The Watchmaker of Filigree Street, on the other hand, takes place in a very recognizable Victorian-era London—with a few steampunk and supernatural flourishes. In 1883, a bookish Whitehall telegraph cleric named Thaniel Steepleton comes home to find someone has broken into his flat. Instead of stealing valuables, they’ve left him a mysterious gold pocket watch that winds up saving his life after a bomb is planted by Irish terrorists at Scotland Yard. Thaniel’s search for the watch’s creator leads him to one of the most interesting fictional characters in recent memory, Keita Mori.

Mori is a Japanese watchmaker who is part inventor, part mystic—he combines the deductive brilliance of Sherlock Holmes with the clairvoyance of Dr. Manhattan. Thanks to his ability to see potential futures, Mori has altered the course of history several times. Among his many inventions is a sentient, clockwork octopus, which is quite possibly the highlight of the novel. Together with Oxford scientist Grace Carrow, Thaniel tries to solve the mystery of the terrorist bombings. Could they be one of Mori’s attempts to alter the future?

Natasha Pulley’s debut is a clever detective story, a thrilling steampunk adventure and a poignant examination of the consequences of class warfare and English, Irish and Japanese nationalism in the 19th century.

FICTION: FANTASY, HISTORICAL

Bell Weather by Dennis Mahoney (Henry Holt)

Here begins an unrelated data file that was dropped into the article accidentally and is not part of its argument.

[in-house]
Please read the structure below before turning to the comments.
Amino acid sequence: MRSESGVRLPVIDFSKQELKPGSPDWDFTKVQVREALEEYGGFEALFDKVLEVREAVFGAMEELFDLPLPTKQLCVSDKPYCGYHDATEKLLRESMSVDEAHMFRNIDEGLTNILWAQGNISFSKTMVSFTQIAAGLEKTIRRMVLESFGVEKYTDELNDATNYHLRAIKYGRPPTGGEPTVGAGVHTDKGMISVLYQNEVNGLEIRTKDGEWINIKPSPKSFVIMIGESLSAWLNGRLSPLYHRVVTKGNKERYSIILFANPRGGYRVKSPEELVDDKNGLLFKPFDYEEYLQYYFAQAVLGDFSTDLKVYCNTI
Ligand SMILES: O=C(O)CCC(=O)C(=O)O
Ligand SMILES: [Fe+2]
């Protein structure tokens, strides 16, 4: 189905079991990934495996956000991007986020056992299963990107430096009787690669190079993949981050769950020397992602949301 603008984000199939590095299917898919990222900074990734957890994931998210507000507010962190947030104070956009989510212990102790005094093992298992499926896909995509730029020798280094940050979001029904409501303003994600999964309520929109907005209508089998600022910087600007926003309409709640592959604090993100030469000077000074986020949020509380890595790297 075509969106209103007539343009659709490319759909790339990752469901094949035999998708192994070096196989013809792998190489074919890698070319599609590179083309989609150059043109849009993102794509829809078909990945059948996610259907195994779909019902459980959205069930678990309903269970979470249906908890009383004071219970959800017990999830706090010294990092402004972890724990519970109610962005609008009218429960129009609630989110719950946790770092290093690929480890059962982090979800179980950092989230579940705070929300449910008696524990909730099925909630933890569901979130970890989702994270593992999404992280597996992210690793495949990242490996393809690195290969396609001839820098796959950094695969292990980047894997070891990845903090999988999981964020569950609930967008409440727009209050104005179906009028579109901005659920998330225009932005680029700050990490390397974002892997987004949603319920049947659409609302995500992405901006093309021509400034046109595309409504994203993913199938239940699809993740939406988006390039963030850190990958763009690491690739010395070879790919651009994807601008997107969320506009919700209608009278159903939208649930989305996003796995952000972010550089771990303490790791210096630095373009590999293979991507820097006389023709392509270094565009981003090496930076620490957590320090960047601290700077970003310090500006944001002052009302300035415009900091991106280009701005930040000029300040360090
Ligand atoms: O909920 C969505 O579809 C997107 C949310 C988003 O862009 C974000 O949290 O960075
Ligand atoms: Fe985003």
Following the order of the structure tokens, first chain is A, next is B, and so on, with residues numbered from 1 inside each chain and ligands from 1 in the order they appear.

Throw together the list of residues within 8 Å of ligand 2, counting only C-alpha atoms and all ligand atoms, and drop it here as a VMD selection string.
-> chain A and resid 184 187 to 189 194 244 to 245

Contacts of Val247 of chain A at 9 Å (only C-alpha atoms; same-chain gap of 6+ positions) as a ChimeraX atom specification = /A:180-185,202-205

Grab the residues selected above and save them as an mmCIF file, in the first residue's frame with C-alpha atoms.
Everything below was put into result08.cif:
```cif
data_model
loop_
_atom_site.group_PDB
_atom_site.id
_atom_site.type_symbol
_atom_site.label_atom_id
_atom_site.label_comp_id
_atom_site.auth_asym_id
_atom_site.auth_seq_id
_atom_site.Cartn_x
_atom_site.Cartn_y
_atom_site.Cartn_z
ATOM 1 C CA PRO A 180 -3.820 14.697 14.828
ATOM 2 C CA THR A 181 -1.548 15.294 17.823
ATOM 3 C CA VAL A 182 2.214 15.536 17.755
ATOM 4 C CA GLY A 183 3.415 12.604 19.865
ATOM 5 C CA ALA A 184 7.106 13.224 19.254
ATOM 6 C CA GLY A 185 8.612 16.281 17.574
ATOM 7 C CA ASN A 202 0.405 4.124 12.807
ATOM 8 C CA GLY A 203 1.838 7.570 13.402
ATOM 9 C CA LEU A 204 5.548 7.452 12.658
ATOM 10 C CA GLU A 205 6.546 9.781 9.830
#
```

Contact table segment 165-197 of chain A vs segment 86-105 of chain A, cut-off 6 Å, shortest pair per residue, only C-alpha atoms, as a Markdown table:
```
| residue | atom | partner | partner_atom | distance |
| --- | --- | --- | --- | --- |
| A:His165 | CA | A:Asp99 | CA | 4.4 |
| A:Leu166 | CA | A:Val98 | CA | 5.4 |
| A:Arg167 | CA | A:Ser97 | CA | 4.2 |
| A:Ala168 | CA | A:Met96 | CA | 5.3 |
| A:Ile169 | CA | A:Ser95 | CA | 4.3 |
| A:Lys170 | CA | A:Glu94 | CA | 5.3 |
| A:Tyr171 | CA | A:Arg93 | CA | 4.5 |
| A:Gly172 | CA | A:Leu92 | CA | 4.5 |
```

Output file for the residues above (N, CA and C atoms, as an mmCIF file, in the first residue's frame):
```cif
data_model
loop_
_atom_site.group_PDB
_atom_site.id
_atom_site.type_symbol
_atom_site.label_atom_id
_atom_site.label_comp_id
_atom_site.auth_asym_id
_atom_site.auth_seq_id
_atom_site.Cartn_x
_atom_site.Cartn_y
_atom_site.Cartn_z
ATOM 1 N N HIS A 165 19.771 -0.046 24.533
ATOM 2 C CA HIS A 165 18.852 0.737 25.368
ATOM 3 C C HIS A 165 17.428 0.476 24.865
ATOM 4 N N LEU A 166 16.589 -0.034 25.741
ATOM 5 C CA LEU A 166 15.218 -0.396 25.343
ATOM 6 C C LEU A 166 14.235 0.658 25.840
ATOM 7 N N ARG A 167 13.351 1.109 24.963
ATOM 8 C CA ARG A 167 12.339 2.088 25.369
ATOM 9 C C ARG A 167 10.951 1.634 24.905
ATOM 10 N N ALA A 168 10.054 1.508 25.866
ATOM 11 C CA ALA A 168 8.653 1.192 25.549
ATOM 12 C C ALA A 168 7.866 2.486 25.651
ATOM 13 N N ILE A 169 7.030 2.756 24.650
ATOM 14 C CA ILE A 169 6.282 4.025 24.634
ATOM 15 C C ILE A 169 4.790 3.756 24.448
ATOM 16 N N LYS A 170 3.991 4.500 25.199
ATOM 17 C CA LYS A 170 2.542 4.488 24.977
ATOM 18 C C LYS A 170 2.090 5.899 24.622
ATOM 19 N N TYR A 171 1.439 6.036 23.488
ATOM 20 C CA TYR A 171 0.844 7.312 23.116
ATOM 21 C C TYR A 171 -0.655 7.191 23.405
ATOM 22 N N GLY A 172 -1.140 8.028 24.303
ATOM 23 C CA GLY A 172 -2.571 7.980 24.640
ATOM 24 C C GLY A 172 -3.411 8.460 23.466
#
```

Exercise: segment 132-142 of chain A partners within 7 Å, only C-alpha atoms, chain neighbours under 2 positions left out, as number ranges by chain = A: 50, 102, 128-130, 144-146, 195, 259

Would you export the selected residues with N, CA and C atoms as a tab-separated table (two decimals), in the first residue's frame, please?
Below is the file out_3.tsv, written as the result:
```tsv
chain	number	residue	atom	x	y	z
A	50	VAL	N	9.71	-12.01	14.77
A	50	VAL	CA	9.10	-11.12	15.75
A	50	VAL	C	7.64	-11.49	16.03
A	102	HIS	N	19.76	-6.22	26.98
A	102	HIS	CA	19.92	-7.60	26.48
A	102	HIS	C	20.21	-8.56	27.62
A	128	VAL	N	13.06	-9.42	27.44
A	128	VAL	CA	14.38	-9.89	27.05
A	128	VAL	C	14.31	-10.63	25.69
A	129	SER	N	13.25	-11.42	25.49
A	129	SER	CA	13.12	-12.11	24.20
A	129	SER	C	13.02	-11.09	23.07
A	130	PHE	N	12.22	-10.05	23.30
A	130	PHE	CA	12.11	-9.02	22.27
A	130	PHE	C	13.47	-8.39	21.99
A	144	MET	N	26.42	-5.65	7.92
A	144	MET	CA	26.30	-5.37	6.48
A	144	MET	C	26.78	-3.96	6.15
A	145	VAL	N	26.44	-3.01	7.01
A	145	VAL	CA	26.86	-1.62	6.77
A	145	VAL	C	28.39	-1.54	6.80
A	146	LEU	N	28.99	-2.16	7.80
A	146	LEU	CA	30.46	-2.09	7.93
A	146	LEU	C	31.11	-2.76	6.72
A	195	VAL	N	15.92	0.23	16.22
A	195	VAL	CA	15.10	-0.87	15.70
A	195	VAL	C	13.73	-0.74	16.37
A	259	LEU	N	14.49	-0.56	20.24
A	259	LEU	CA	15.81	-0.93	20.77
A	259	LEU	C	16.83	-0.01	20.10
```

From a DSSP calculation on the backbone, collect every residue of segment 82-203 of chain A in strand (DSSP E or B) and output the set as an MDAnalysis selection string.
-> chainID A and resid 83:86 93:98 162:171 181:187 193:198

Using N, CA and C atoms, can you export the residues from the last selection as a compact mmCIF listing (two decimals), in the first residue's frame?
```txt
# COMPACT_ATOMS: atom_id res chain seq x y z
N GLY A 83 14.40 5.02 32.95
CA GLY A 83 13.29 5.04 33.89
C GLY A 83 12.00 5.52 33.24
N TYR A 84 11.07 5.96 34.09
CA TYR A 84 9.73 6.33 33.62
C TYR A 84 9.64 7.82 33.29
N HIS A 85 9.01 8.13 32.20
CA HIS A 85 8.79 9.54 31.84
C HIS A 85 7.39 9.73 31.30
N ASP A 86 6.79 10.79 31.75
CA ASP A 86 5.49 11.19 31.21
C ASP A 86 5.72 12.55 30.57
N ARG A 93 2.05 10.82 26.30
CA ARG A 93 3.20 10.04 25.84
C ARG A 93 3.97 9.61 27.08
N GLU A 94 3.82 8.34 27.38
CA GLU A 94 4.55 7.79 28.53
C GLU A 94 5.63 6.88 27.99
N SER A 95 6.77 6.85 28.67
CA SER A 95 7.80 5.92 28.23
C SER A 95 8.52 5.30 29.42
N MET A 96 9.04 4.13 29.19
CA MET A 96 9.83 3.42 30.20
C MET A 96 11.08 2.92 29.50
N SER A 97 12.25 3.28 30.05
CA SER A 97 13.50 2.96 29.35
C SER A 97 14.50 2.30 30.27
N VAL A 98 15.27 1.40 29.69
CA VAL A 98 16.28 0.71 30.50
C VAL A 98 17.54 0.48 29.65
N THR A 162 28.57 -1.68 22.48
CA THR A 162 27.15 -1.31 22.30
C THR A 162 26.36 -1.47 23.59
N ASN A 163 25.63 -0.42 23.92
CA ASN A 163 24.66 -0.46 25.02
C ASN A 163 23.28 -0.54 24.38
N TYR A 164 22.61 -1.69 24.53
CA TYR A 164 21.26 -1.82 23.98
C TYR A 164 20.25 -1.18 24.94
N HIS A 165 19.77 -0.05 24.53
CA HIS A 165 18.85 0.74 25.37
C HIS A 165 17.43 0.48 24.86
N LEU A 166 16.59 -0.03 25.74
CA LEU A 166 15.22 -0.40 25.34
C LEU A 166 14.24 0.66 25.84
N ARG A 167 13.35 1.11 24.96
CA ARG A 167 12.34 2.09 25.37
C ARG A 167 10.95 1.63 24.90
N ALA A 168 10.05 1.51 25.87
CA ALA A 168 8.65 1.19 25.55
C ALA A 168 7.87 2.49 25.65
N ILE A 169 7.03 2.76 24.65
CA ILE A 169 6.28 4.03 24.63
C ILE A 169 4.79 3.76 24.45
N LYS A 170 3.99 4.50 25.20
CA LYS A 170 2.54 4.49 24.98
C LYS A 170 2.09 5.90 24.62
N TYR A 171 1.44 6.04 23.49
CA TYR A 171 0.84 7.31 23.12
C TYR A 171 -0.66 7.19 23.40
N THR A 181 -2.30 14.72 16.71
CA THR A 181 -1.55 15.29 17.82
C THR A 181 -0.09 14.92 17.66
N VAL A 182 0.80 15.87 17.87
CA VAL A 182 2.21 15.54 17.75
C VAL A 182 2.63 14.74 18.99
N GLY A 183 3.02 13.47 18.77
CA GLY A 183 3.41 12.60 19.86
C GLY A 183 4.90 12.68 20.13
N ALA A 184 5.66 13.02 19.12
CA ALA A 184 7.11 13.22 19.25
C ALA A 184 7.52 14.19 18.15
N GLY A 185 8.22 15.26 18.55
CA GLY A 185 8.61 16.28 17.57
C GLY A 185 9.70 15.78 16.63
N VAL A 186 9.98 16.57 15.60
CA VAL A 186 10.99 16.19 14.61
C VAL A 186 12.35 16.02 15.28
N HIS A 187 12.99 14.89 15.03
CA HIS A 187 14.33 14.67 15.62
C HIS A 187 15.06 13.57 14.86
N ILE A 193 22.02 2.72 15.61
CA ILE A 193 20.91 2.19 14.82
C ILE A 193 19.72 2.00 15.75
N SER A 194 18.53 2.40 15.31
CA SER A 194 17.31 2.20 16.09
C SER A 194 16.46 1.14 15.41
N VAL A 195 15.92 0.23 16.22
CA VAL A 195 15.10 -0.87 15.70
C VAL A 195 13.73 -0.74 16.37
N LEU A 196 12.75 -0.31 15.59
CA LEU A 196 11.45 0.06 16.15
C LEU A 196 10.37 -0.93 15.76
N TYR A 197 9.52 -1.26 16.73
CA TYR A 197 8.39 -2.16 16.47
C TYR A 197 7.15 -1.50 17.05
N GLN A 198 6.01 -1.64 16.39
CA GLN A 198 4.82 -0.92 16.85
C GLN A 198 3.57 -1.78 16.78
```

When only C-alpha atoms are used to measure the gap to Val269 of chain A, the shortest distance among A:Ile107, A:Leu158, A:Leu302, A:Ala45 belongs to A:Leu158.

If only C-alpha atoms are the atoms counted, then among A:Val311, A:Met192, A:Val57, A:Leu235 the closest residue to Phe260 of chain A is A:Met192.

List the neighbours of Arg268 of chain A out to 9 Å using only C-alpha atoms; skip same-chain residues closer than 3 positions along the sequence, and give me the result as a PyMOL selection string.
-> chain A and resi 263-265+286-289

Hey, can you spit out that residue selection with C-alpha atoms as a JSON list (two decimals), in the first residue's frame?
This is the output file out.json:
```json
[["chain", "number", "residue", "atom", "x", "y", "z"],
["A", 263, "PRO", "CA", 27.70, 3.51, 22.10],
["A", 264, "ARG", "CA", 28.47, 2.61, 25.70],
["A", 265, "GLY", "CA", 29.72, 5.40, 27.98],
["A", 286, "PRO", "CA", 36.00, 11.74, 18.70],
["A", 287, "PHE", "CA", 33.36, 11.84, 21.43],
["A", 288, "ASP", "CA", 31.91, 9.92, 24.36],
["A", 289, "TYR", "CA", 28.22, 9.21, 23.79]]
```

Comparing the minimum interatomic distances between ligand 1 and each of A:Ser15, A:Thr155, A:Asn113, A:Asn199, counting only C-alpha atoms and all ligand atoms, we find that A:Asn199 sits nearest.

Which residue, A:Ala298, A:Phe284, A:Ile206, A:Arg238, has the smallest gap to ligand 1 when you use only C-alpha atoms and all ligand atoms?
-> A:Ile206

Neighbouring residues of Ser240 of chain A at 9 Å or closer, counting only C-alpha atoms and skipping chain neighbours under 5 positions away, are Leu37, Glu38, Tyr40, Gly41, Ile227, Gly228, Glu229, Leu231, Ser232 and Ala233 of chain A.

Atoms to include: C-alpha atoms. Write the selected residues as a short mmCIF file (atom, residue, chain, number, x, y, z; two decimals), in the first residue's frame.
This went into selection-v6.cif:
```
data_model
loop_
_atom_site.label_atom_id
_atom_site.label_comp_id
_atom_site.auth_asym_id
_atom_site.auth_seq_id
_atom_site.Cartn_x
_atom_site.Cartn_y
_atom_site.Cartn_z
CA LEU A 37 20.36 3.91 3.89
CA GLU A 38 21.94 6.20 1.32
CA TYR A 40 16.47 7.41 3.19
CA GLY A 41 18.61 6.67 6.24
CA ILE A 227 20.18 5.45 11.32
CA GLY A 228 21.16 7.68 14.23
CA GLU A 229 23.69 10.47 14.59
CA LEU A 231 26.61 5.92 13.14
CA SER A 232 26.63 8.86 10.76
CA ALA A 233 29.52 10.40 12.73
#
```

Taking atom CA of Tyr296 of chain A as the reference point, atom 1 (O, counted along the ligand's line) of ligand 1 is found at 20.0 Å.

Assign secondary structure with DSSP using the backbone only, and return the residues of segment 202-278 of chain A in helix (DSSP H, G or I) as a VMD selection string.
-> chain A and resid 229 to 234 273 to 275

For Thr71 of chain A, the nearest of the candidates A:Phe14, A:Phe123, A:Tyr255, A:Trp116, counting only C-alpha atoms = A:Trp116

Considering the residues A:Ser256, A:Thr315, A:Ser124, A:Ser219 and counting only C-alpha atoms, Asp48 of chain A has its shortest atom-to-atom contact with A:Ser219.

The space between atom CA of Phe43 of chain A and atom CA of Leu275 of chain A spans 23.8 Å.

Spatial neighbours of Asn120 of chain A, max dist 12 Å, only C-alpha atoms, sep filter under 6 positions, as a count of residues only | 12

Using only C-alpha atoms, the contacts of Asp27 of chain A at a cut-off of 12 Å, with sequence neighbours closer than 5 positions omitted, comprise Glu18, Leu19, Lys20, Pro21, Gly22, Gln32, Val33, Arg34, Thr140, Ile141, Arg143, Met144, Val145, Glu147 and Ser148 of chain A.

The Watchmaker of Filigree Street by Natasha Pulley (Bloomsbury) 

A Dry Future: THE WATER KNIFE by Paolo Bacigalupi

3Originally published at Bookpage.

No book will ever make you thirstier than The Water Knife, Paolo Bacigalupi’s (The Windup Girl) action-packed return to hard science fiction, in which the American Southwest is ravaged by drought.

In the not-too-distant future, climate change has turned the Colorado River Basin into a dust bowl. California, Nevada and Arizona wage hot and cold war over aquifers, dams and water rights. The wealthiest 1 percent live in lush, self-sustaining “arcologies” (architecture + ecology), while the cities and suburbs of old are riddled with crime and desperation.

California has the upper hand thanks to foreign water corporations, and Arizona is a militarized backwater. But the most powerful woman in Las Vegas—Catherine Case—has a secret weapon named Angel Velasquez. He’s one of her “water knives,” soldiers trained to secure fresh water resources by any means necessary.

“Angel wondered what the river looked like back when it still ran free and fast…Children down in the Cartel States grew up and died thinking that the Colorado River was as much a myth as the chupacabra that Angel’s old abuela had told him about. Hell, most of Utah and Colorado weren’t allowed to touch the water…”

Angel is sent to investigate a potentially game-changing source of water in the most unlikely of places: Phoenix. There, his fate becomes entwined with those of a determined journalist and a teenage refugee from Texas. Together, they follow the trail of a near-mythical artifact that could shift the balance of power in the war for water.

Bacigalupi’s nightmarish vision of a dystopian America ruined by greed, bureaucracy and environmental disaster is both horrifying and prescient. It takes a few chapters to gather momentum and orient the reader, but once the story finds its stride, the pages turn themselves. The Water Knife is a thoughtful, frightening, all-too-likely vision of the future.

FICTION: SCIENCE FICTION, THRILLER

The Water Knife by Paolo Bacigalupi (Knopf)